The Bitcoin wiki states, "Addresses are not wallets nor accounts, and do not carry balances."

Yet, there's a zillion articles online about Bitcoin address balances, the Bitcoin blockchain explorers show balances, and so on.

Can you explain the Bitcoin wiki's statement to me?


The wiki is correct, it is a technicality. Bitcoin "balances" are actually just unspent transaction outputs (UTXOs, from previous transactions) which you have the ability to spend. In most cases, that means knowing the private key corresponding to an address which the transaction was sent to. But the address itself doesn't have a balance, it just "locks up" the UTXOs corresponding to it, requiring a private key.

The important point is that the blockchain doesn't store a "total balance" of an address anywhere, to find the "balance" of an address requires looking through the chain to find the unspent transaction outputs sent to that address and summing their amounts.

Then to spend bitcoins, you spend specific UTXOs, you do not just subtract the amount from your "balance".

  • Ok so I suppose that saying "address balance" is really just a convenience thing - an easier way of saying "unspent transaction outputs. – Howiecamp Mar 28 '18 at 0:53
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    @Howiecamp correct in some cases, but using that word also promotes misunderstanding, as people are inclined to think about addresses in the same way as bank account numbers which is wrong – MeshCollider Mar 28 '18 at 0:54
  • In that case it's too bad that nomenclature has taken hold - because it certainly is pervasive. – Howiecamp Mar 28 '18 at 0:56
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    Very true. There's an interesting talk Andreas Antonopolous gives at Harvard from 2015 where he talks about this same topic. Here it is (youtube.com/watch?v=Ur037LYsb8M) – m1xolyd1an Mar 28 '18 at 1:42
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    @CodesInChaos you need to sign a transaction using a private key to prove you own the bitcoins you are trying to spend – MeshCollider Mar 28 '18 at 12:23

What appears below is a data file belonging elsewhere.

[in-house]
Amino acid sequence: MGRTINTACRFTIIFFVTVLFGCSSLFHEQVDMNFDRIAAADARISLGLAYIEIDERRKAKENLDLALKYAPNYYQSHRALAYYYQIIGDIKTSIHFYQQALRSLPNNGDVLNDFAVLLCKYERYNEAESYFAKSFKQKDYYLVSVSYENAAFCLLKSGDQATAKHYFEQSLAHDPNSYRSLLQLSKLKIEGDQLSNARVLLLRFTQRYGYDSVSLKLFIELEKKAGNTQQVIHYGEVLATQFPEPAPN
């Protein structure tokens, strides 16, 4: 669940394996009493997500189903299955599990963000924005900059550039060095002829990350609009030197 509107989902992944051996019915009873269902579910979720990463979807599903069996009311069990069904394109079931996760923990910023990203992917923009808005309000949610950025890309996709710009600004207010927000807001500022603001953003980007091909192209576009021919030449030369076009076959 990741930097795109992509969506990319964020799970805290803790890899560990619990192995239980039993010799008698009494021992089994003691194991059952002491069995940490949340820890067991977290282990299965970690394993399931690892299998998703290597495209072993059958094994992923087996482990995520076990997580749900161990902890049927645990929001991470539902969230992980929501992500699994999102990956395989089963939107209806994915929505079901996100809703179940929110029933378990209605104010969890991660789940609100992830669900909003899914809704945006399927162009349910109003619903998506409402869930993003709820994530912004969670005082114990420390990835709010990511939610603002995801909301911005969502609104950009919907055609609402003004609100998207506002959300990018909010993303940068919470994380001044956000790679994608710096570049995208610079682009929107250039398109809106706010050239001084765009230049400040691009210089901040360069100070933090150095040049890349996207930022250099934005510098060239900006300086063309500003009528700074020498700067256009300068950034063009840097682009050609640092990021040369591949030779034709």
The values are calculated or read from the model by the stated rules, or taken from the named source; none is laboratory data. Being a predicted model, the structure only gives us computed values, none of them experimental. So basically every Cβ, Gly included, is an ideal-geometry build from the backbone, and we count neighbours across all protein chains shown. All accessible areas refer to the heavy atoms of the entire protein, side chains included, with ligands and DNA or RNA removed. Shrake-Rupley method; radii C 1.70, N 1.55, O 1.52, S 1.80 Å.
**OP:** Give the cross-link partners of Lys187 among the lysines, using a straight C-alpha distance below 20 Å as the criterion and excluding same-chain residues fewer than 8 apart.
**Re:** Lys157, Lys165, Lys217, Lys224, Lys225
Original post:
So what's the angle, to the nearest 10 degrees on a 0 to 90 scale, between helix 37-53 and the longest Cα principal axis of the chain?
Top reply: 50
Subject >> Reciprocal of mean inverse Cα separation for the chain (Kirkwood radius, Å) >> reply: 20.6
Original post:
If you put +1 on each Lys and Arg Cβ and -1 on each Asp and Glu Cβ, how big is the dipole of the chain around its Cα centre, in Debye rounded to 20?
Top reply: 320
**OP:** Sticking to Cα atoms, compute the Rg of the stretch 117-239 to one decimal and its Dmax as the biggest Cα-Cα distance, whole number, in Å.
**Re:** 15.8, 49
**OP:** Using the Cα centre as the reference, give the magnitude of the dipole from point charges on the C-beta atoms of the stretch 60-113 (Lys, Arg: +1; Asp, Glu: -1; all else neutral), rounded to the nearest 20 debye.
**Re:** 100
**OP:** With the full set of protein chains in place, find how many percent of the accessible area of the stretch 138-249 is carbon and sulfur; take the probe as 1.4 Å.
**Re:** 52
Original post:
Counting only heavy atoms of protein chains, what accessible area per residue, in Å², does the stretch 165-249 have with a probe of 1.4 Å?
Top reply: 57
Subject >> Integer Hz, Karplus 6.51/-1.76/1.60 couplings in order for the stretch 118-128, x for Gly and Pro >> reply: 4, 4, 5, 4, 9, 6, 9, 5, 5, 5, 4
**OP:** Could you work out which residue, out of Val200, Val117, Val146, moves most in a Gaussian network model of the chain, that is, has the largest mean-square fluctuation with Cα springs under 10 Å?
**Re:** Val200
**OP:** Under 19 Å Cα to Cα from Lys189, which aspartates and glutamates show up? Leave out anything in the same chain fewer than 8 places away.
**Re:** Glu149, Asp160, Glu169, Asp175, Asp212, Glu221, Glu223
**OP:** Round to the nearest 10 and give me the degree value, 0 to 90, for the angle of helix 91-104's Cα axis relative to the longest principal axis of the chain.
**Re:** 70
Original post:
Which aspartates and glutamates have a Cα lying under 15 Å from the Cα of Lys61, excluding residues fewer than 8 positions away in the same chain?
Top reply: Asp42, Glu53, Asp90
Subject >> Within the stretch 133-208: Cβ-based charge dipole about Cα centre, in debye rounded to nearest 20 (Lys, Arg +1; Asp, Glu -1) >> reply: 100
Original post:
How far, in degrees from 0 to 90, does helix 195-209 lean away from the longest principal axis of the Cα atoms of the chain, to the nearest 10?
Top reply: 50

Bitcoin addresses do not actually exist on the Bitcoin network. They are an abstraction for humans to be able to easily send money to each other.

What Bitcoin actually uses are transaction outputs. A transaction creates outputs which consist of the value and the output script. When you send money to someone, you are spending from an Unspent Transaction Output (UTXO) and creating new UTXOs.

When you send to an address, you are really creating a UTXO with the value you want and an output script that is specified by the address. Addresses encode a version number and some data (usually a hash). So your wallet software takes the address, decodes it, and constructs an output script based upon the data and the version number (the version number specifies what the output script format should be).

So addresses themselves do not actually exist on the network; they do not actually carry a balance nor do you actually send to or from an address. However many places will just say "balance of an address" and show such information as a convenience. This "balance" is calculated by constructing the output script an address specifies and then searching through the UTXO set for UTXOs with output scripts that match the constructed script. The values of these UTXOs are summed and that becomes the address's balance.

  • Wow your answer is dense in information, I love it. Can you elaborate on "Bitcoin addresses do not actually exist on the Bitcoin network" - isn't the address directly stored in blocks? Hey curious, how did you come to this level of knowledge? What do you do? – Howiecamp Mar 28 '18 at 1:25
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    No, as I said in the answer, the address only contains information that is used to construct the output scripts. It isn't actually stored in the blockchain, but the data that it encoded is. Learning about all of this requires reading through developer documentation (bitcoin.org has lots of stuff there) and the Bitcoin Core source code. – Andrew Chow Mar 28 '18 at 1:43

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